• % severe /moderate asthma B: 77% vs FU: 49% P <0.001
• working days lost B: 2.5/patient/year vs FU 0.5/patient/year
Forshee 1998 [33]
US
Managed Care Organisation
Before and after study over 24 weeks 201 adults/children with poorly controlled asthma, Quality score = 15 Tailored individualised education + videos + handouts Nurse champions were educated about asthma None Compared to baseline, at follow up patients had: Compared to baseline, at follow up patients had: Monthly reviews, knowledge and confidence (non-validated questionnaire) increased significantly for both adults and children
• Fewer episodes of unscheduled care (P ≤0.01) • Improved severity classification (P <0.001)
• Improved QoL (P ≤0.001)
• Fewer days off work B: 6.5 vs FU: 3.9 (P <0.05)
Gerald 2006 [34]
Inner city elementary schools
Cluster RCT, 54 schools, 736 children, Quality score = 18 6 × 30 minute group education sessions for pupils with asthma + a clinical assessment with a paediatric allergist who developed a PAAP None Asthma education was provided for school staff A 30 minute classroom lesson was given to all children in grades I to IV in the school Compared to control, intervention children had no difference in: Compared to control, intervention children had: Compared to control, school education resulted in a statistically significant increase in knowledge (P <0.0001) in 17 of the 18 schools
• ED visits/child I: 0.09 (SD 0.28) vs C: 0.10 (SD 0.31) • No difference in absenteeism : 3.88 days/child/year (SD 3.5) vs C: 3.21 (SD 3.2).
• Admissions/child
• d: 0.04 (SD 0.19) vs C: 0.02 (SD 0.14)
Chini 2011 [47]
Italy
Primary schools
Before-and-after 2,765 children: 135 with asthma, Quality score = 15 Clinical assessment and were given a PAAP with FU review at end of the year. Age-appropriate groups taught cognitive and breathing techniques None Lessons aimed at teachers, school personnel, parents, and schoolchildren to improve their knowledge of asthma Not assessed At the end of the year improved: Not assessed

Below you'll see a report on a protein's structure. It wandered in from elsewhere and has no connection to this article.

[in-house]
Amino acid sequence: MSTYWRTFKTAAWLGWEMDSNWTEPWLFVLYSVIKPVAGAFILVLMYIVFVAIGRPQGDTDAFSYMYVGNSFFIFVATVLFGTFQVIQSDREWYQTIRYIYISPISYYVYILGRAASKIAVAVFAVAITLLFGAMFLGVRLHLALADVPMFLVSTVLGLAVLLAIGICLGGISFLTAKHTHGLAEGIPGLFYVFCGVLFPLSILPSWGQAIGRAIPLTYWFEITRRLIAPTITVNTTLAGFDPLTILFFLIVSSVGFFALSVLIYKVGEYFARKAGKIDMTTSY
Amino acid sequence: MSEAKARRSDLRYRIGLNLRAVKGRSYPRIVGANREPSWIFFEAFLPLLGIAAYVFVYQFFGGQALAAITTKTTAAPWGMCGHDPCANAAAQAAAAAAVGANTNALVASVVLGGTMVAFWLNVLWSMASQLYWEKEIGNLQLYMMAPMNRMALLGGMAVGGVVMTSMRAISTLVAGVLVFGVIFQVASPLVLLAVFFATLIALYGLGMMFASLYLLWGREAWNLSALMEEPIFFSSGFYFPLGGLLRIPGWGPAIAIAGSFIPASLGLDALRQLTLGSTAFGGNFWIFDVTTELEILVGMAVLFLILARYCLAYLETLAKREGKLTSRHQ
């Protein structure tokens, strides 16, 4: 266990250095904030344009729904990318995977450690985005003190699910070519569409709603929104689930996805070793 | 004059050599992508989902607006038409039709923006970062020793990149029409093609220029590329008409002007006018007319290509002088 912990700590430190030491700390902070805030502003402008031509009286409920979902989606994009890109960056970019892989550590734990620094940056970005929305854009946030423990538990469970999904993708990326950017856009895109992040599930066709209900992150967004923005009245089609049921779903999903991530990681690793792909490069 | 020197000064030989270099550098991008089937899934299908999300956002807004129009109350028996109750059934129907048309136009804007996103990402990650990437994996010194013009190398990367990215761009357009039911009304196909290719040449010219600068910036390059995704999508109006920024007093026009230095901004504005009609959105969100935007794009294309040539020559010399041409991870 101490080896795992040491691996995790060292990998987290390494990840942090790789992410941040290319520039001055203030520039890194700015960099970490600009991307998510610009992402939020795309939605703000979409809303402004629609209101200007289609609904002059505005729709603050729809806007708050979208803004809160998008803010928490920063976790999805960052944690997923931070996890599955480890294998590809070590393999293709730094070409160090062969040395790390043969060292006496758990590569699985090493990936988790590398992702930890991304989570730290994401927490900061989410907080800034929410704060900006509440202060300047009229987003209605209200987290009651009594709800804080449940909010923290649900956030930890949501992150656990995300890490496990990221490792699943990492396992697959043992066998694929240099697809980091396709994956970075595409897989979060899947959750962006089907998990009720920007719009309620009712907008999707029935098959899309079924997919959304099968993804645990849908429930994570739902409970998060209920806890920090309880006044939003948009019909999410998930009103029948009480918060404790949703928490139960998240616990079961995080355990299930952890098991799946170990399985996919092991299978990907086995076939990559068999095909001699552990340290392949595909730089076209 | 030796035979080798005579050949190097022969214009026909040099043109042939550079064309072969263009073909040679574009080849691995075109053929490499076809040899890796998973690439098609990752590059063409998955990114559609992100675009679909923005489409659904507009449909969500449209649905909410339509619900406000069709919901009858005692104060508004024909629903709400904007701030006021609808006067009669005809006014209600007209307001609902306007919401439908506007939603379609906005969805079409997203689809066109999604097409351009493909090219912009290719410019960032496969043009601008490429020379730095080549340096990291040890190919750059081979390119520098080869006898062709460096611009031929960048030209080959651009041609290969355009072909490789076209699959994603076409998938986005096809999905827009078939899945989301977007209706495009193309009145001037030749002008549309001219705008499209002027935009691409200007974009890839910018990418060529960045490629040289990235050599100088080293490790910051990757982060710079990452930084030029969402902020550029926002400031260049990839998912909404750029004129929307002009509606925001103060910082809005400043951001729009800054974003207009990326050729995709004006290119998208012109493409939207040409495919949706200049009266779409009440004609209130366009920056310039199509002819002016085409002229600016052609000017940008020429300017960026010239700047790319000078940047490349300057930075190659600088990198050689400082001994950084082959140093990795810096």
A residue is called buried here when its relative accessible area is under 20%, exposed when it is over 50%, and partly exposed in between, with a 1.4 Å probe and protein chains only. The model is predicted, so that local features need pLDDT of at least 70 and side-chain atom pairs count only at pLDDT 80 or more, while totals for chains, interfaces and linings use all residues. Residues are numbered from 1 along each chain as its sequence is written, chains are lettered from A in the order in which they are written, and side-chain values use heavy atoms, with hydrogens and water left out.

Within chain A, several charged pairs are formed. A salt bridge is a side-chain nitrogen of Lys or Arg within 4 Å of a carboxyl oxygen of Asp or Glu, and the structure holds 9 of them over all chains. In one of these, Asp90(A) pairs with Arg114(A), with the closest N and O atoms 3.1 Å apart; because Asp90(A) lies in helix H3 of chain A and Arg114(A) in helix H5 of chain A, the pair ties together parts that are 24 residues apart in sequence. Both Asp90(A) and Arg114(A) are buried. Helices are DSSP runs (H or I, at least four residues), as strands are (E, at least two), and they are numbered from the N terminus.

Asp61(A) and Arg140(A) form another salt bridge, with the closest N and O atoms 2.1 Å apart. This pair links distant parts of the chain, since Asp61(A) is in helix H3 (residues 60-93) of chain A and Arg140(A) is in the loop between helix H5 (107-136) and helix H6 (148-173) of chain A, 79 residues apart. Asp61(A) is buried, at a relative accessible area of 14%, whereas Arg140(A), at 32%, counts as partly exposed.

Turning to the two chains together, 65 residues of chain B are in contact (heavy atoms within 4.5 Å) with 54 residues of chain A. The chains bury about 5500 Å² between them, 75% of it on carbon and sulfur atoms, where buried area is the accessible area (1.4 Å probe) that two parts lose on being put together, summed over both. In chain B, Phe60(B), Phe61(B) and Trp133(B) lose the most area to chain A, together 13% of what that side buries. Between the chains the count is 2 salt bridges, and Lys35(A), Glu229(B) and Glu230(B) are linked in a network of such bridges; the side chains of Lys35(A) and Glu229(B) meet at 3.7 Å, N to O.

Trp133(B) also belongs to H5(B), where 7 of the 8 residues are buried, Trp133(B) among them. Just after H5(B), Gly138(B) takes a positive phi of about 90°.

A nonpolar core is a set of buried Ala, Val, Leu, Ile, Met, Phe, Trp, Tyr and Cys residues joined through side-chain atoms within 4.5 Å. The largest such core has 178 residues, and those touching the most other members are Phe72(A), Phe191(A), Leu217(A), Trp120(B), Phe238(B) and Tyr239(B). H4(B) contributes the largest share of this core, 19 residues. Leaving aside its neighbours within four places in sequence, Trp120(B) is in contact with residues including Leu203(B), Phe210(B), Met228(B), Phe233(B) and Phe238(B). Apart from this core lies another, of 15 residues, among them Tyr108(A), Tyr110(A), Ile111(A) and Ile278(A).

• PedsQL: B: 2.2 (SD 0.79) vs FU: 3.5 (SD 0.73) P <0.001
• Parents’ perception of child’s QOL B: 3.1 (SD 0.6) vs FU: 3.5 (SD 0.4) P = 0.004
• Asthma symptoms (P <0.001)
Primarily organisational change
Kemple 2003 [40] UK Primary care RCT, 545 adults, Quality score = 20 None None Organisational intervention enclosing PAAPs (blank=I (AAP) or personalised= I (PAAP)) with invitations to review There were no significant differences in admissions or out-of-hours consultations over the subsequent 12 months There were no significant differences in prescriptions of short-acting beta2 agonists, peak flow, steroid courses Compared to control OR of a review (95%CI): I (AAP): OR 1.92 (1.18 to 3.11); I (PAAP): OR 2.33 (1.37 to 3.93)
Sub-group: Compared to control, OR of changing RCP3Qs score: I (AAP): OR 1.43 (0.80 to 2.56); I (PAAP): OR 1.46 (0.81 to 2.61) Sub-group: Compared to control OR of understanding of self-management (95%CI): I (AAP): OR 1.28 (0.66 to 2.45); I (PAAP): OR 2.20 (1.13 to 4.30)
Pinnock 2007 [41]
UK
Primary care